This half hour is followed by a forty-five minute elementary school class. I must gather my things into my bag, hurry downstairs, and assemble myself for the awaiting students. Kids who are restless and talkative await me. Although the class is smaller, with about half as many students as my preschool class, it is at least three times as challenging. I find I struggle to fill the minutes with yoga, and find myself turning into a recess monitor. The five or so kids are full of kinetic energy. They want to wrestle and explore their bodies in ways that feel disruptive to the natural flow of yoga I am used to. It takes me out of my comfort zone.

I have one child who farts audibly throughout the class, and there are no windows that open to clear the air. He refuses to go to the bathroom. I have another who touches everything I bring with me. When I turn my attention away for a moment, he is digging into my belongings, flipping through the pages of the storybooks, rearranging yoga cards, and  banging my chime. I know he probably needs yoga more than the rest, but he tries my patience like no one else can.

Group energy feeds the individual and collectively it grows. Sometimes this can be wonderful. When a circle of people are joined in the energy of love a space can fill with the embrace of its powerful light. Alternatively, I often feel as though I am in the midst of a small gang of hoodlums whose chaotic energy reverberates off the walls in this yoga class. It feels like everything yoga should not be.

The children whine and argue with one another. They condense space so that bodies bump and push together. Unlike the preschoolers, they pay little attention to storybooks, and half of them refuse to engage in yoga postures even when I ask them to lead. Yesterday, they were particularly challenging. I discarded my attempt to do storybook yoga with them and moved onto one game and then another. Bodies continued to argue, push against each other, and ignore my instruction.  I felt frustration and irritation grow its ugly form inside of me before the class was halfway over. The voice of anger began to creep its way into my throat.  Someone had just handed me a ripped yoga card from a deck that had been lovingly gifted from a dear friend. I took a deep breath.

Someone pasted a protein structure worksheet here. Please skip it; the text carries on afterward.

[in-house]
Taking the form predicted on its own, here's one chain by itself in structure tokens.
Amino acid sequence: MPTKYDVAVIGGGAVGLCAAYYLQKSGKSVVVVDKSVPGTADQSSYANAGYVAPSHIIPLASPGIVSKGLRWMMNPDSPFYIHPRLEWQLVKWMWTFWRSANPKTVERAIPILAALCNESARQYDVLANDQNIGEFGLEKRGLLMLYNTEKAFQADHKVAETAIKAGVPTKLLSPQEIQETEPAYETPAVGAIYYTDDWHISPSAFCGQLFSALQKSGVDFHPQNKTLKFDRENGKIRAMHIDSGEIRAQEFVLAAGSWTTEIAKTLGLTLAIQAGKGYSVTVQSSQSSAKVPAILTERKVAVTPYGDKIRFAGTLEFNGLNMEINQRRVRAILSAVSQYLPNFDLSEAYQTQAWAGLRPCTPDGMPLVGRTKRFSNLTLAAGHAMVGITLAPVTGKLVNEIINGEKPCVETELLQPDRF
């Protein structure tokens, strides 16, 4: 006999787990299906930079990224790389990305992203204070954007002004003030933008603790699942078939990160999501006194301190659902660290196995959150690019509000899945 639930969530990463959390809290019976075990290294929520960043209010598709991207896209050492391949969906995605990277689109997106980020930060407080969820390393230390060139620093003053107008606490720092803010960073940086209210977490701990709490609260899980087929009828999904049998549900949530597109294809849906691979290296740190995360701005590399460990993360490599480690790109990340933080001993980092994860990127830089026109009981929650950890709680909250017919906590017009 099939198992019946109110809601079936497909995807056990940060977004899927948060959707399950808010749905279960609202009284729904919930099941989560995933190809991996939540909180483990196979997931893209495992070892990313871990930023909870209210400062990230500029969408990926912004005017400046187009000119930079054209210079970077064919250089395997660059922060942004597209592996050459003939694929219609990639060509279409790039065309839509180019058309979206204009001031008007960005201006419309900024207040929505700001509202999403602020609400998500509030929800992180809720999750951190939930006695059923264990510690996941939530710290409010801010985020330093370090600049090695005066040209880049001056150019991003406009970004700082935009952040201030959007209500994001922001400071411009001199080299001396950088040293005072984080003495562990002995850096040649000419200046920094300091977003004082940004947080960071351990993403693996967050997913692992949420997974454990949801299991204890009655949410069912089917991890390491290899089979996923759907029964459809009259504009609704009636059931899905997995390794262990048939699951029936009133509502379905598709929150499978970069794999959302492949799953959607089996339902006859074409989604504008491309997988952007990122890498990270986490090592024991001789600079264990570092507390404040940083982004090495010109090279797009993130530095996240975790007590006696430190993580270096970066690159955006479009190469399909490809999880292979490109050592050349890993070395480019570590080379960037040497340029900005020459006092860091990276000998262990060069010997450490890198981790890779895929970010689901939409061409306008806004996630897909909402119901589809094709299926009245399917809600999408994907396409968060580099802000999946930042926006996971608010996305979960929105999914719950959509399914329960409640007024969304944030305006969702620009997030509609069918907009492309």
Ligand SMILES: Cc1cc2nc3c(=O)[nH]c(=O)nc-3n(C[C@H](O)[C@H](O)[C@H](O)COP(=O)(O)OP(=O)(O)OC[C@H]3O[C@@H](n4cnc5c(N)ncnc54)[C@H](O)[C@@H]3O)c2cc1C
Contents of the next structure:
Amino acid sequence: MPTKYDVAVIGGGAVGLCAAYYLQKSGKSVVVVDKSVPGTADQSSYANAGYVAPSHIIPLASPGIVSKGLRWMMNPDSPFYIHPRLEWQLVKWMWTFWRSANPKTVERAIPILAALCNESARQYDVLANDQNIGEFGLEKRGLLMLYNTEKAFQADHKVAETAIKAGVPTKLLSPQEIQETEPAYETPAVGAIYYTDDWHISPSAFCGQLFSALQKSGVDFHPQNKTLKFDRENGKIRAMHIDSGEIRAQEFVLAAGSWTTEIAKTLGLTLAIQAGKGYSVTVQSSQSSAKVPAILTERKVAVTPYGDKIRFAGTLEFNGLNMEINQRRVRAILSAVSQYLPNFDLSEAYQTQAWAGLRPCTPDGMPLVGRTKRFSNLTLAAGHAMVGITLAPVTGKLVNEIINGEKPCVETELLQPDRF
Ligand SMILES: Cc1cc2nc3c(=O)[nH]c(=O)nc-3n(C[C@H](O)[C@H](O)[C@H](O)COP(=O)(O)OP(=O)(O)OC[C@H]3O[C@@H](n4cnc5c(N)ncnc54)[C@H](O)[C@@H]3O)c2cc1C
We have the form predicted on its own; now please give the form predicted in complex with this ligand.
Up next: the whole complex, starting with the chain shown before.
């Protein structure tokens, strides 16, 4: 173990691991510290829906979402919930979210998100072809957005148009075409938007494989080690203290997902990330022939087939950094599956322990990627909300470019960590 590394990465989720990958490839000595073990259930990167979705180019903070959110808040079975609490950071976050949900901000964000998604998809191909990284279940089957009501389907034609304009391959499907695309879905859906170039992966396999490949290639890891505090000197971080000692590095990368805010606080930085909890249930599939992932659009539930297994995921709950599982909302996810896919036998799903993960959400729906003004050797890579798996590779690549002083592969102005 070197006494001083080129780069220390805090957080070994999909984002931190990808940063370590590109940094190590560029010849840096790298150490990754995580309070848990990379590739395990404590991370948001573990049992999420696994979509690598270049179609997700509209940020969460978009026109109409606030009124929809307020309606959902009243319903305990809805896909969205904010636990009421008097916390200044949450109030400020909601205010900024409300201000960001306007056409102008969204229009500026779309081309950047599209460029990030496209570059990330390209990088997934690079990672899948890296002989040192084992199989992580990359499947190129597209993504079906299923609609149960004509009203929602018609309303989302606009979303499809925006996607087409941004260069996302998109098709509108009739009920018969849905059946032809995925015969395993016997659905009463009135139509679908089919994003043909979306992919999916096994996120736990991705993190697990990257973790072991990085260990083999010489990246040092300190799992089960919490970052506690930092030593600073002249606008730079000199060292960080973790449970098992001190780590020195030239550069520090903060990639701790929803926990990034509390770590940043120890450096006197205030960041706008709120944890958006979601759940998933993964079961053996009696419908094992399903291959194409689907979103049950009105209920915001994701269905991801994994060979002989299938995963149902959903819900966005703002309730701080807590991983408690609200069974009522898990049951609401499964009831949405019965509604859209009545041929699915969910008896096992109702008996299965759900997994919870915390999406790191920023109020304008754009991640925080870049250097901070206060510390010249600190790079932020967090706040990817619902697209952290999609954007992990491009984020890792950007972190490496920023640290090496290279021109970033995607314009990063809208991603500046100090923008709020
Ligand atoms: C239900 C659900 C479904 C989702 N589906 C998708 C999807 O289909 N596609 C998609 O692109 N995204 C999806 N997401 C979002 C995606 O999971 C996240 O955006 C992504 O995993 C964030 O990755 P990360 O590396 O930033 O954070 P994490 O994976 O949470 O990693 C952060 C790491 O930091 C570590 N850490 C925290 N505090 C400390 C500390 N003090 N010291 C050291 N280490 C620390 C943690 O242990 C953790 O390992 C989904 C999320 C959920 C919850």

I didn’t care who ripped the card. I didn’t ask. Instead, I quietly asked for tape.

Kids like to help, in general, when asked. I felt the energy begin to shift to the small mission at hand. Soon a roll of scotch tape was retrieved from some mysterious place in the classroom and placed in my hand.  I ripped off a strand and slowly began to mend the cardboard. I ripped another and reinforced the back. I gathered the deck together and placed it inside my bag, then sat on the floor.

“Sit on the rug with me,” I told my students. “Close your eyes. Place one hand on your heart and the other on your belly. Breathe. Good. Breath again. One more time,” I urged. “Open your eyes. Take your arms in front of you and place one over the other,” I demonstrated. “Hold them like this without touching.” We took another deep breath. “Can you feel the energy move through your hands?” I asked. “I can feel it swirling through mine, can you?” All attention was focused on this mudra designed to calm. It felt like magic.

Fluid magic.

I didn’t pause to doubt or question what I felt and observed, allowing myself instead to slip past constriction into the fluid space of the intuition. We had transformed our collective energy of chaos to that of calm. “Reach your hands to the sky and breathe. Exhale and twist.” We were doing yoga. Together. Arms followed my voice and bodies turned and stretched in their own space. For the last ten minutes of class we moved in a rhythmic wave, our bodies peaceful, our minds settled into our practice.  The miracle that can be yoga had been discovered together, and I think we each left the room transformed from when we had entered it.